Thus the very fact that infinity can exist means that a singularity could indeed exist.

So I disagree violently with Michio Kaku on this point and state that because we do not have the ability to describe something, does not mean that it does not exist.

I would still like to know what a singularity actually means though in terms of the physics... the math that would describe it would give us the key to well.... everything.


3. Will the end be a Bounce a Crunch or Rip?

Probably none of those, but instead a Heat death of the universe or big freeze


The RIP is just another term for Heat Death, I prefer RIP since it also is an acronym of Rest in Peace


There are some issues with Heat Death / RIP though. In this theory the expansion of the universe has got to a point where mater is so diffused that not even atoms can exist.

But there is a problem... the very force that is responsible for the acceleration in expansion 'Dark Energy' which is derived from the annihilation of virtual particles that arise from the quantum foam... would not be able to annihilate since the space between them would be expanding faster than the force that brings them together... the potential for those particles would be realized and we would have new particles appearing...

This is why I prefer the concept of the Big Bounce....


edit on 1-9-2015 by Korg Trinity because: (no reason given)



posted on Sep, 1 2015 @ 06:39 AM
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originally posted by: Korg Trinity
The RIP is just another term for Heat Death.
No, it's not. RIP includes "phantom energy" heat death doesn't.


This is why I prefer the concept of the Big Bounce
I think Big Bounce more or less died in 1998 or when the 1998 dark energy observations were confirmed within a few years after that. For the big bounce to happen, the expansion would need to slow down and eventually reverse to contraction.

I say "more or less died" because some people seem to want to hang on to it, so the idea isn't buried completely, but the accelerating expansion of the universe discovery in 1998 would seen to make the bounce less likely, right?



posted on Sep, 1 2015 @ 06:58 AM
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originally posted by: Arbitrageur

originally posted by: Korg Trinity
The RIP is just another term for Heat Death.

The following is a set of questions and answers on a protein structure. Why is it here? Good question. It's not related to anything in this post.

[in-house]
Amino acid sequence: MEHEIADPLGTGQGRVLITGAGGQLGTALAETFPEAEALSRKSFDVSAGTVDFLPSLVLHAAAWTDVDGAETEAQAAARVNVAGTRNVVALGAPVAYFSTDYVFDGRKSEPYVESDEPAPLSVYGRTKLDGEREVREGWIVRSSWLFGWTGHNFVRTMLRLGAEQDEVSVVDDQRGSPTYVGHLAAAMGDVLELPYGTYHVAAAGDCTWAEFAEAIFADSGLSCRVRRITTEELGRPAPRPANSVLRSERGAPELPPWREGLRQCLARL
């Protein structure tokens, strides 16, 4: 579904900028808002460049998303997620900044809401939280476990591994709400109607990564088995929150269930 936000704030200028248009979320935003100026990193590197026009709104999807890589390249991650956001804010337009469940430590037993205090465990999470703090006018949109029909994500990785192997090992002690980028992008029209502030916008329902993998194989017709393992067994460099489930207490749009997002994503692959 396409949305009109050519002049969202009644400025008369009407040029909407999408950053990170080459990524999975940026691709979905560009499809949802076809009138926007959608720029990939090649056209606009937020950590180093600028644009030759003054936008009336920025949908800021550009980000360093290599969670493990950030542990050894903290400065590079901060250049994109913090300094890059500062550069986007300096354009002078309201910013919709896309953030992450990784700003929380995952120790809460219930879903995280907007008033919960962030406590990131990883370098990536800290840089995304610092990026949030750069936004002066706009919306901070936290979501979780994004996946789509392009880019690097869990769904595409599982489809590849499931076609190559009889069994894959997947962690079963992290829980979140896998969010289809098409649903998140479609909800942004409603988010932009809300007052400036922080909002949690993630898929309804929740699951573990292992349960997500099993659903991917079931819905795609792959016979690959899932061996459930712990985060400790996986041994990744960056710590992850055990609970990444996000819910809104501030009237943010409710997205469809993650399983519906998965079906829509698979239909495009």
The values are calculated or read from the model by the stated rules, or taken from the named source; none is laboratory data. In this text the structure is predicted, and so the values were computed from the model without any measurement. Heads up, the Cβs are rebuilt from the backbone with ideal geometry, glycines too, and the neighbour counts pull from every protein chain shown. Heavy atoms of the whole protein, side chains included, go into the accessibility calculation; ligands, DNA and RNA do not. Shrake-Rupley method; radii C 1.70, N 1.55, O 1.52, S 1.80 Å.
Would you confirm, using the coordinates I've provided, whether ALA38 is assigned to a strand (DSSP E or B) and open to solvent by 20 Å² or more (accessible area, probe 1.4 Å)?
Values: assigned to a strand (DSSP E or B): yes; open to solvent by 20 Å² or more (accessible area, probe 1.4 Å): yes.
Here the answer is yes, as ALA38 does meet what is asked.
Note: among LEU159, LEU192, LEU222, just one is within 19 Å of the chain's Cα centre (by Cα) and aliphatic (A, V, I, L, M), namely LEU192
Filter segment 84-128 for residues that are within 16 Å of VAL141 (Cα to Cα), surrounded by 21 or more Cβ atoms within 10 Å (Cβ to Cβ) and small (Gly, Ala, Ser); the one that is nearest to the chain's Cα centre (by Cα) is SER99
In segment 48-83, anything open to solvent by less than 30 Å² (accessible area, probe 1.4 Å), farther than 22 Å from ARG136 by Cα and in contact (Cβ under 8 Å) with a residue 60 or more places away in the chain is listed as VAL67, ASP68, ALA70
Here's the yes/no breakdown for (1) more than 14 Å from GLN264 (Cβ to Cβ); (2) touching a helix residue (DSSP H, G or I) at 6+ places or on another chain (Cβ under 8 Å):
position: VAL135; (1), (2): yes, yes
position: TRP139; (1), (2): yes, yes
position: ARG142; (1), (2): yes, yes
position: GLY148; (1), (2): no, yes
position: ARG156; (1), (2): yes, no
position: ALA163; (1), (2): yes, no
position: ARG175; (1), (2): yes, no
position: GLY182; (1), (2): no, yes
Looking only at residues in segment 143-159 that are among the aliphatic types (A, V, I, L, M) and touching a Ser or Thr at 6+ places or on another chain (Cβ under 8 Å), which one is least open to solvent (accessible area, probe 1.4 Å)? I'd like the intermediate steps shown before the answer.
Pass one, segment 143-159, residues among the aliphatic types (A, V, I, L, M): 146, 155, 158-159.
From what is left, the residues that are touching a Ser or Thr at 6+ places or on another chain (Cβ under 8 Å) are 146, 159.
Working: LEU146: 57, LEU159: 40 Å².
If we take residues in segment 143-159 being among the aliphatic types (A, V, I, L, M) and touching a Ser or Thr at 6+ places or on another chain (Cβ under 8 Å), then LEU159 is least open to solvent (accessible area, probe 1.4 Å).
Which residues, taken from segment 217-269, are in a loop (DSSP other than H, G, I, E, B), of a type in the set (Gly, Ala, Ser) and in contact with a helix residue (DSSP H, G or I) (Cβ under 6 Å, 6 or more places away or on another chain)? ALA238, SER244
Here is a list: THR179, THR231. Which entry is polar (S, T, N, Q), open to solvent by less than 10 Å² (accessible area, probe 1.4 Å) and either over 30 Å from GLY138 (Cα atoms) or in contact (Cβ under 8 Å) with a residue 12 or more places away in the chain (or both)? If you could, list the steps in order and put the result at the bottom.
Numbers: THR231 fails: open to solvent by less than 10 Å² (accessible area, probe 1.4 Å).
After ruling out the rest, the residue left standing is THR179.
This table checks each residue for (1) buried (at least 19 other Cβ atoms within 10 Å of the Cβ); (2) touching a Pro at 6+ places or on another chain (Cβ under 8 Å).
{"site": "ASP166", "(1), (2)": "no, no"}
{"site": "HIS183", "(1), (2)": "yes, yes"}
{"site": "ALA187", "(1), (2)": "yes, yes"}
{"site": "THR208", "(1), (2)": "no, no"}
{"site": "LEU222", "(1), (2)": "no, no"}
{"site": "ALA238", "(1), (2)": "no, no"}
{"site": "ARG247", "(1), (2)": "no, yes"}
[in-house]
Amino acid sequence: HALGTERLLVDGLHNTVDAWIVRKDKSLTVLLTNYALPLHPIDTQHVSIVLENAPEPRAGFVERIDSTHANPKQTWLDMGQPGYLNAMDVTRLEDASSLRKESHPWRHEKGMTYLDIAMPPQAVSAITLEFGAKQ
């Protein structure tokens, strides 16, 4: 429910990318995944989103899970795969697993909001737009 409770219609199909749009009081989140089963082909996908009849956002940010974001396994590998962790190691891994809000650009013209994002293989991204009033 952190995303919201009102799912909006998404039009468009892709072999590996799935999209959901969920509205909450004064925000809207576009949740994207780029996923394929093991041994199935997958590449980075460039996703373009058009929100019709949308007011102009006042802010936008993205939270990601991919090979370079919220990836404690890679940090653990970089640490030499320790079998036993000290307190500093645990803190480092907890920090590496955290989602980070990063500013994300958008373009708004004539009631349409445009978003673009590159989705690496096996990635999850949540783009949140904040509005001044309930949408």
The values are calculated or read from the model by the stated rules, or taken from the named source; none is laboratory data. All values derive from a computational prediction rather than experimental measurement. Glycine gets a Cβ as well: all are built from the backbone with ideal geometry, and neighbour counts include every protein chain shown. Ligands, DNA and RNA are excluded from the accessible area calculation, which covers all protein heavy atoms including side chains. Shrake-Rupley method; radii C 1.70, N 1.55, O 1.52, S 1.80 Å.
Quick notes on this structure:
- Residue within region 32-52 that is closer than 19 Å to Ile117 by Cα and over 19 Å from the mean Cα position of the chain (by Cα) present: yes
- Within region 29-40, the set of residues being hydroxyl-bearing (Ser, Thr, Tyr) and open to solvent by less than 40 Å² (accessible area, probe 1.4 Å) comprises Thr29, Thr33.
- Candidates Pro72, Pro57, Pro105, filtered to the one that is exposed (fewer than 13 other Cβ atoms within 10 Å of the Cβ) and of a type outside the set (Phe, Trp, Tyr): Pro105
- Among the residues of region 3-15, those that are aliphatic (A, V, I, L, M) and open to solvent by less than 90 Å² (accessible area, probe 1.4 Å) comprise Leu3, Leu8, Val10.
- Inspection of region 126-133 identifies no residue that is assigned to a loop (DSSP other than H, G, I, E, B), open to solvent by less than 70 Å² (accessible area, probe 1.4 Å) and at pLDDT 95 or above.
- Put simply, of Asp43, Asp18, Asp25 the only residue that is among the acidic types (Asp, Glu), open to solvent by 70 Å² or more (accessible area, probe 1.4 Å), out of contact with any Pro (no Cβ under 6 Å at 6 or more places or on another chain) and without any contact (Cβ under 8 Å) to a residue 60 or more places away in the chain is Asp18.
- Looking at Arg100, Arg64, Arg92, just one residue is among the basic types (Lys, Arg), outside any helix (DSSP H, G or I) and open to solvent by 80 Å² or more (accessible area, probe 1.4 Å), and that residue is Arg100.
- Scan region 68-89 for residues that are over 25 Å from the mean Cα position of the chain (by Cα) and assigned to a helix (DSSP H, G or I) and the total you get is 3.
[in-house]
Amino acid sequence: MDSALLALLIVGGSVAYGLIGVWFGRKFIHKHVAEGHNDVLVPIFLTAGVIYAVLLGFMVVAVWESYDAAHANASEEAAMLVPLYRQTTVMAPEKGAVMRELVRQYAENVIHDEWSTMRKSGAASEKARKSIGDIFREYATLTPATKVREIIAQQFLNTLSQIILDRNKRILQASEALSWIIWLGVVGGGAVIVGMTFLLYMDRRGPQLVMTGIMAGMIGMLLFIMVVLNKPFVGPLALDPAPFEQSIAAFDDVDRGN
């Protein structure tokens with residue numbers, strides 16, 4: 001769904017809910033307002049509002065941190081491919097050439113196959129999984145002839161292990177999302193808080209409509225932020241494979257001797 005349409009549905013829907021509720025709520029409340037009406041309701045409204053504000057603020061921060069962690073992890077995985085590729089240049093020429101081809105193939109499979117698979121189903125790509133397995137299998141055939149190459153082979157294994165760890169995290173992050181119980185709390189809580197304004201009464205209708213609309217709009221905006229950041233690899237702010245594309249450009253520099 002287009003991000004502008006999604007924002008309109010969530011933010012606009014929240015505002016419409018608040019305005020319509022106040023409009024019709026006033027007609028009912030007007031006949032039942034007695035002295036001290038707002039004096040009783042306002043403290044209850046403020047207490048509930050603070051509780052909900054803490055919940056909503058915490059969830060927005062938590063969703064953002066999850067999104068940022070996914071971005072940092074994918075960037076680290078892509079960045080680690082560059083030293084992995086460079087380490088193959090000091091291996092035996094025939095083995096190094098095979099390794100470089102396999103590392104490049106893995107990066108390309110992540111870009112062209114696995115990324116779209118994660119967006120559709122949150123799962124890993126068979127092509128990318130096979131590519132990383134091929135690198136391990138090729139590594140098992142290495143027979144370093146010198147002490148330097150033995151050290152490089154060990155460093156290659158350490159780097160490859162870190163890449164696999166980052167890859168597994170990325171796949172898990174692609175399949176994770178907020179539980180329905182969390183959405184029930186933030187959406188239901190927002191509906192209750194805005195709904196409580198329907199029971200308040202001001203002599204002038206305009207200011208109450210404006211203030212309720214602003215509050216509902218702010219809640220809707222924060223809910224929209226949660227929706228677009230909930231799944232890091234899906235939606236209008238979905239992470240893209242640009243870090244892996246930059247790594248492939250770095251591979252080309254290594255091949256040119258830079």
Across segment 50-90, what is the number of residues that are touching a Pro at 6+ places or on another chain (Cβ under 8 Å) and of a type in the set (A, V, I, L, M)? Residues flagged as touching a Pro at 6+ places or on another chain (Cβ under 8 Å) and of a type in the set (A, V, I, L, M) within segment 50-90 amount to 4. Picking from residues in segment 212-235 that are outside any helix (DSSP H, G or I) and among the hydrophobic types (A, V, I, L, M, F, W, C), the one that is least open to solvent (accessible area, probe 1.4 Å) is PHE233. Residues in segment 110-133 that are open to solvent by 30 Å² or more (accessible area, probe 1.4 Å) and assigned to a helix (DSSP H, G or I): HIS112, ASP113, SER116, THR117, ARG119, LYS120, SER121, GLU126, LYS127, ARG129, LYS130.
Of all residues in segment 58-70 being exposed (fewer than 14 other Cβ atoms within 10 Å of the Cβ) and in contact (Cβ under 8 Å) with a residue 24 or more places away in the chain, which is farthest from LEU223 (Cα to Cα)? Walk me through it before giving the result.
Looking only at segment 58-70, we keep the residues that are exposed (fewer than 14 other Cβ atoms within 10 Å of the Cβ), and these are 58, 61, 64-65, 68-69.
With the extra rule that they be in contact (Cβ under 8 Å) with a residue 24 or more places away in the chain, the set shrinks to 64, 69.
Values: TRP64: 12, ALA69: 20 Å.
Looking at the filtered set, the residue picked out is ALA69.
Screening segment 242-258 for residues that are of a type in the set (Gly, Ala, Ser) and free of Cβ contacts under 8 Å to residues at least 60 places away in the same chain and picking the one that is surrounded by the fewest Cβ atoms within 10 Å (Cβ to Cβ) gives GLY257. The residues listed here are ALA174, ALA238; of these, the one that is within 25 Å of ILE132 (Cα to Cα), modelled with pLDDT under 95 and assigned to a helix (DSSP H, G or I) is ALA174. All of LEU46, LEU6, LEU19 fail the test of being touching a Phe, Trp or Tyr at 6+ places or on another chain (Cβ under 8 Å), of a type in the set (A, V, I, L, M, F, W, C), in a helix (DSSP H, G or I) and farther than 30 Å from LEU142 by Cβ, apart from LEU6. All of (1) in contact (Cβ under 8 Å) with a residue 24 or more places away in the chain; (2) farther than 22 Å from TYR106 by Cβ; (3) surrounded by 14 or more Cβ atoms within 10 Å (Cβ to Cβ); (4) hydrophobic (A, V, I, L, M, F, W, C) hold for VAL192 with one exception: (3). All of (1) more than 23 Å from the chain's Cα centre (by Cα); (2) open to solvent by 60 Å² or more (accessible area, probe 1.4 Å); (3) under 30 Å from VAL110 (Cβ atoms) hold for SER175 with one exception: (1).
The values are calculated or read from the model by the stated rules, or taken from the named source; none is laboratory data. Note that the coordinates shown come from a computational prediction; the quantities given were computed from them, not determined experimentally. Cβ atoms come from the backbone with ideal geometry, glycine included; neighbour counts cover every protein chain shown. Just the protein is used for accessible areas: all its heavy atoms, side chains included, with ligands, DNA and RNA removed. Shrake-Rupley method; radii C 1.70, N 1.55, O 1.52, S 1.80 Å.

No, it's not. RIP includes "phantom energy" heat death doesn't.


I haven't heard the term Phantom energy for many many years, not since we re labeled the concept dark energy. Although on paper that is correct, it doesn't conform to the observation of an accelerating expansion, and thus when we talk about heat death we are talking about the same thing as the big rip.


This is why I prefer the concept of the Big Bounce

I think Big Bounce more or less died in 1998 or when the 1998 dark energy observations were confirmed within a few years after that. For the big bounce to happen, the expansion would need to slow down and eventually reverse to contraction.

I say "more or less died" because some people seem to want to hang on to it, so the idea isn't buried completely, but the accelerating expansion of the universe discovery in 1998 would seen to make the bounce less likely, right?


It isn't that people want to hang onto it, there is evidence to suggest this is how the universe works. There are two main concepts behind the bounce that I am aware of.

The first I have already explained, in essence the concept of a static universe is the only value that is impossible, given that the natural order of chaos gives rise to particles that would normally annihilate each other. But in a heat death / rip scenario they would be unable to and thus we would have matter re-injected into the universe.

The second one is harder to explain, but the concept is based upon M-theory and causes a periodical cyclic big bang, caused by mono dimensional membranes colliding causing a kind of interference pattern which gives rise to a multidimensional space-time.



posted on Sep, 1 2015 @ 07:03 AM
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originally posted by: Korg Trinity
I haven't heard the term Phantom energy for many many years, not since we re labeled the concept dark energy.
The terms are not synonymous. Phantom energy is an extreme form of dark energy, not part of the standard cosmological model which relies on the cosmological constant.

Big Rip

Phantom energy is a hypothetical form of dark energy that is even more potent than the cosmological constant